I am never asked why I read haiku (as opposed to, say, obscene limericks). I am sometimes asked why I compose haiku (as opposed to obscene limericks), especially since I am not a great writer of haiku (or for that matter obscene limericks).
As a journalist, the discipline of the right word or phrase is invaluable. Being able to capture a scene, an image, a moment is a few well-selected nouns can enliven copy and engage readers.
For example, a year or so ago I wrote a trend piece about steampunk. Yes, it is really a sub-culture, but mainstream journalism doesn’t recognize such distinctions when it comes to geeks and freaks. If it’s not a trend, it’s a sideshow. Steampunk certainly has elements of both.
It takes three examples of something to make a trend (as opposed to a folie à trois, which it may well be). Instead of starting with breezy examples of this person doing that bit of steampunk, I decided to try to make the examples set the tone and mood with images, which in itself is a haiku-like decision. The article began:
The monthly meeting of NYC Steampunk was up one flight of Dickensian steps on a side street near Bloomingdale’s. A woman welcomed me to the future as it might have been. Dressed in a black corset and matching Degas-like tulle petticoats – as much Victorian prostitute as 19th century ballet dancer – she had a Buck Rogers ray gun slung on one hip.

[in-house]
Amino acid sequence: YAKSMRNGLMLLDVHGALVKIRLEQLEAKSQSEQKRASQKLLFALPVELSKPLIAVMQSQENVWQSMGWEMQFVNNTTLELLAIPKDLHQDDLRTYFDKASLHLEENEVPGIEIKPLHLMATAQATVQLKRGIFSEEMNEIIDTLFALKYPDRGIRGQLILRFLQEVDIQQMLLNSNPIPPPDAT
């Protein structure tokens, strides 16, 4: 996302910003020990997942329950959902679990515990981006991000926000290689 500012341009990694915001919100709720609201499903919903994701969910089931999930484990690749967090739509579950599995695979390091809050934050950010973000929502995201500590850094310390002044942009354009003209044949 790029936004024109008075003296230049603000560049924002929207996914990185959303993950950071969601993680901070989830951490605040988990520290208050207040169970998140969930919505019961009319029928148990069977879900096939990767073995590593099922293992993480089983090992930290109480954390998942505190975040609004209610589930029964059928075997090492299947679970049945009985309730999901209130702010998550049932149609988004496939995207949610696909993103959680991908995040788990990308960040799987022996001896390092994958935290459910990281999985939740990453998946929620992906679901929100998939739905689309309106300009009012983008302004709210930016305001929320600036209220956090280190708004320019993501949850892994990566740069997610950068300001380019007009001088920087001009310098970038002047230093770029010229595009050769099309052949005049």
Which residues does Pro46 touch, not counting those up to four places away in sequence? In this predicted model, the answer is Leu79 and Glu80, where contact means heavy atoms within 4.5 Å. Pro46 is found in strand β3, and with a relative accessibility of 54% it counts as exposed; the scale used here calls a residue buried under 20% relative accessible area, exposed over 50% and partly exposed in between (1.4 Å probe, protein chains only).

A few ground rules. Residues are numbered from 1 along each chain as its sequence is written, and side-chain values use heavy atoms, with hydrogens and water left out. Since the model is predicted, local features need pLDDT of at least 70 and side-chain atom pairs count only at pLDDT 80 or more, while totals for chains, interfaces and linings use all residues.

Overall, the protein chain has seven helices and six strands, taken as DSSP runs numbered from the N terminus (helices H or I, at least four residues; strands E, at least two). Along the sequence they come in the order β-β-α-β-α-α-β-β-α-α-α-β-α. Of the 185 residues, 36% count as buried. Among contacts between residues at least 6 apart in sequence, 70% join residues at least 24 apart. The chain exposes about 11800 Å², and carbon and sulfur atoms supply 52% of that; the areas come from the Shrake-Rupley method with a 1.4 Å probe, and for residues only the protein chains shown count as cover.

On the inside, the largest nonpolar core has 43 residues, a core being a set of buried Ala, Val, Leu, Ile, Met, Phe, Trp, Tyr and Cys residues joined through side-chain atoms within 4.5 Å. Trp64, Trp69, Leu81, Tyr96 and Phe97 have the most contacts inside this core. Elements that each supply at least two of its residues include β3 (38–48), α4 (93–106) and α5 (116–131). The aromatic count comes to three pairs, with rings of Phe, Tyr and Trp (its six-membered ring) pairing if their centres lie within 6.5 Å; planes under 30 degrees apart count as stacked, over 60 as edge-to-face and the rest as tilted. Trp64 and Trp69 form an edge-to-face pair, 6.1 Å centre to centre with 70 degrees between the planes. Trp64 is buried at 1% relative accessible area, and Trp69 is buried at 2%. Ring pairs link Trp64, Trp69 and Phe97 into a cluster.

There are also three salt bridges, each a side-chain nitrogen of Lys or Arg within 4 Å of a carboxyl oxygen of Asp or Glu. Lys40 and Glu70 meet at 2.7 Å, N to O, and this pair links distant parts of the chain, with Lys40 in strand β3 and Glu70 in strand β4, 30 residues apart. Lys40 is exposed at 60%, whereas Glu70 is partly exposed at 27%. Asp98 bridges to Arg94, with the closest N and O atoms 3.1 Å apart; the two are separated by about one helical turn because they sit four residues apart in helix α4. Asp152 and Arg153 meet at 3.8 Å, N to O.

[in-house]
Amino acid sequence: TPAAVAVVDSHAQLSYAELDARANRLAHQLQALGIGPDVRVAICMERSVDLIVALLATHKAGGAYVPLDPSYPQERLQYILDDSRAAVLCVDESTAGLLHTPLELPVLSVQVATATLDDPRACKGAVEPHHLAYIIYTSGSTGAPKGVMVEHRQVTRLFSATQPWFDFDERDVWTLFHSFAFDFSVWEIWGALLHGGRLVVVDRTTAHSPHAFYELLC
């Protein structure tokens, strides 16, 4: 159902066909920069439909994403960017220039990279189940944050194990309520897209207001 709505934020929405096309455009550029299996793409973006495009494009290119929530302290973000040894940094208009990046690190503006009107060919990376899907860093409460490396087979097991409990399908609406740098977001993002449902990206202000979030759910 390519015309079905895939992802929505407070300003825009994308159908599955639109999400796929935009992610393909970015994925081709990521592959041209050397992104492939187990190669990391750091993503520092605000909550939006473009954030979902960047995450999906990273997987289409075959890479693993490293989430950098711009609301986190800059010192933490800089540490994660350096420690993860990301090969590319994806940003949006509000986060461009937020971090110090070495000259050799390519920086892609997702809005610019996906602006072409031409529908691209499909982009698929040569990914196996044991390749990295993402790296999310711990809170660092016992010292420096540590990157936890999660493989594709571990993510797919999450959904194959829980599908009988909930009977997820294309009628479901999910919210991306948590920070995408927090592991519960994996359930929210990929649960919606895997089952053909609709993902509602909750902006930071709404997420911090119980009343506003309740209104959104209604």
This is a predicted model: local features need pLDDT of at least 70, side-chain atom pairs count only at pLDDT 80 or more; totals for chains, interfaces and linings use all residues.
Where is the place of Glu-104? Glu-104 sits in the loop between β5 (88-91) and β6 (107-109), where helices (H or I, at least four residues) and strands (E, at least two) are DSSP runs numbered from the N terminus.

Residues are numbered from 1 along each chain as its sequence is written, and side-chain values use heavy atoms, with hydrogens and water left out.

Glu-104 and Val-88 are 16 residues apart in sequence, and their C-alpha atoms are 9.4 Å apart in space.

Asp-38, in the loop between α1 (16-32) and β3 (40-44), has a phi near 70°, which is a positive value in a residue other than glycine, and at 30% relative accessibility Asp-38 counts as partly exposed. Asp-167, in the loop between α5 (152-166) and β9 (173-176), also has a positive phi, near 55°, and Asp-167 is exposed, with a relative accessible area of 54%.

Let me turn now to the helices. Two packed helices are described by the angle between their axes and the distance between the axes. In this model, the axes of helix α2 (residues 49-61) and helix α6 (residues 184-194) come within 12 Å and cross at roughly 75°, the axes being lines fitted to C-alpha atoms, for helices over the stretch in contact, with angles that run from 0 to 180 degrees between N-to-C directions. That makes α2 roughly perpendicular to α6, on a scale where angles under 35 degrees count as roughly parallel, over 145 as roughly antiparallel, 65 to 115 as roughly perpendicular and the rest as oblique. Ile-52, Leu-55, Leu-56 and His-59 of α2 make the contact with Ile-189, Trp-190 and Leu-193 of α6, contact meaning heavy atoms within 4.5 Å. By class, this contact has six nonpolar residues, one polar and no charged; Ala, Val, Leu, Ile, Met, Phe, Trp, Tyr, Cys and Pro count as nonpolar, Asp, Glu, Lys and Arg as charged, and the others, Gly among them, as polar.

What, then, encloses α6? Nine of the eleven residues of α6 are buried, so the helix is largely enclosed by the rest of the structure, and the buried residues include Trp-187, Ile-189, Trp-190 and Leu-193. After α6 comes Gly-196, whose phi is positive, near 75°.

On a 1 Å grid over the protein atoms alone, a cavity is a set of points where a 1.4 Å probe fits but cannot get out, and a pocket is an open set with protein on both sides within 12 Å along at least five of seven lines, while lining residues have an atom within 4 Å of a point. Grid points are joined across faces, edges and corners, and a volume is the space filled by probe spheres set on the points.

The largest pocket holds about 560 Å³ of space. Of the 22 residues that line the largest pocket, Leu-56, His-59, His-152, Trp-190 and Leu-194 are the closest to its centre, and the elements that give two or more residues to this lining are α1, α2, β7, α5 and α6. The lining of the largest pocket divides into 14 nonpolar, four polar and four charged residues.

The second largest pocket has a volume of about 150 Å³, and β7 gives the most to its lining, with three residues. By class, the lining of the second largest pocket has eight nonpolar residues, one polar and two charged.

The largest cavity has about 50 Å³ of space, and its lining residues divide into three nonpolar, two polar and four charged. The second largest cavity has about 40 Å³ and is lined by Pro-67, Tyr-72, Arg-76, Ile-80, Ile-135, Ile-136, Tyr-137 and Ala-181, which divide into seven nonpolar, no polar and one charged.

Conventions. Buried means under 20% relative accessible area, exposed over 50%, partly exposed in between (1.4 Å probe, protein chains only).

Of course, I should have arrived by the night pneumatique from London, that speedy parlor car capsule shooting its way under the Atlantic, or at least the Hohenzollern, an 81-hour zeppelin trip out of Berlin. Instead I rode the Lexington Avenue Local, which at least was built in the era many Steampunkers fancy.
As the more advanced poets guessed, the first “haiku” is our lady of retro-futurism. Or to diddle it a bit to fit a more traditional format:
Black petticoats and merry widow
Ray gun slug on one hip
The next two images are more about establishing the blimp and goggles aesthetic of steampunk than creating crypto-haiku. And, yes, it did take 81 hours for a zeppelin to travel to the United States, assuming the captain didn’t decide to play chicken with a lightning storm in the name of German punctuality.
The coda (or in journalism, the kicker) not only links back to the beginning, but also is another crypto haiku:
As for me, if I take my steam-powered penny-farthing, I can still make the 12.23 clipper to Port-au-Prince. The Orisha are rising.
Again to tweak it a bit to make it a haiku:
To catch the clipper to Haiti
Of course, the approach is better for features and soft topics than it is for hard or breaking news. Writing three haiku for examples of bribes a corrupt politician took would get a reporter fired, if not summarily shot.
But if it’s a letter or a lifestyle piece, then a few crypto haiku could make for more interesting reading than, say, obscene limericks.
The complete steampunk article is available at: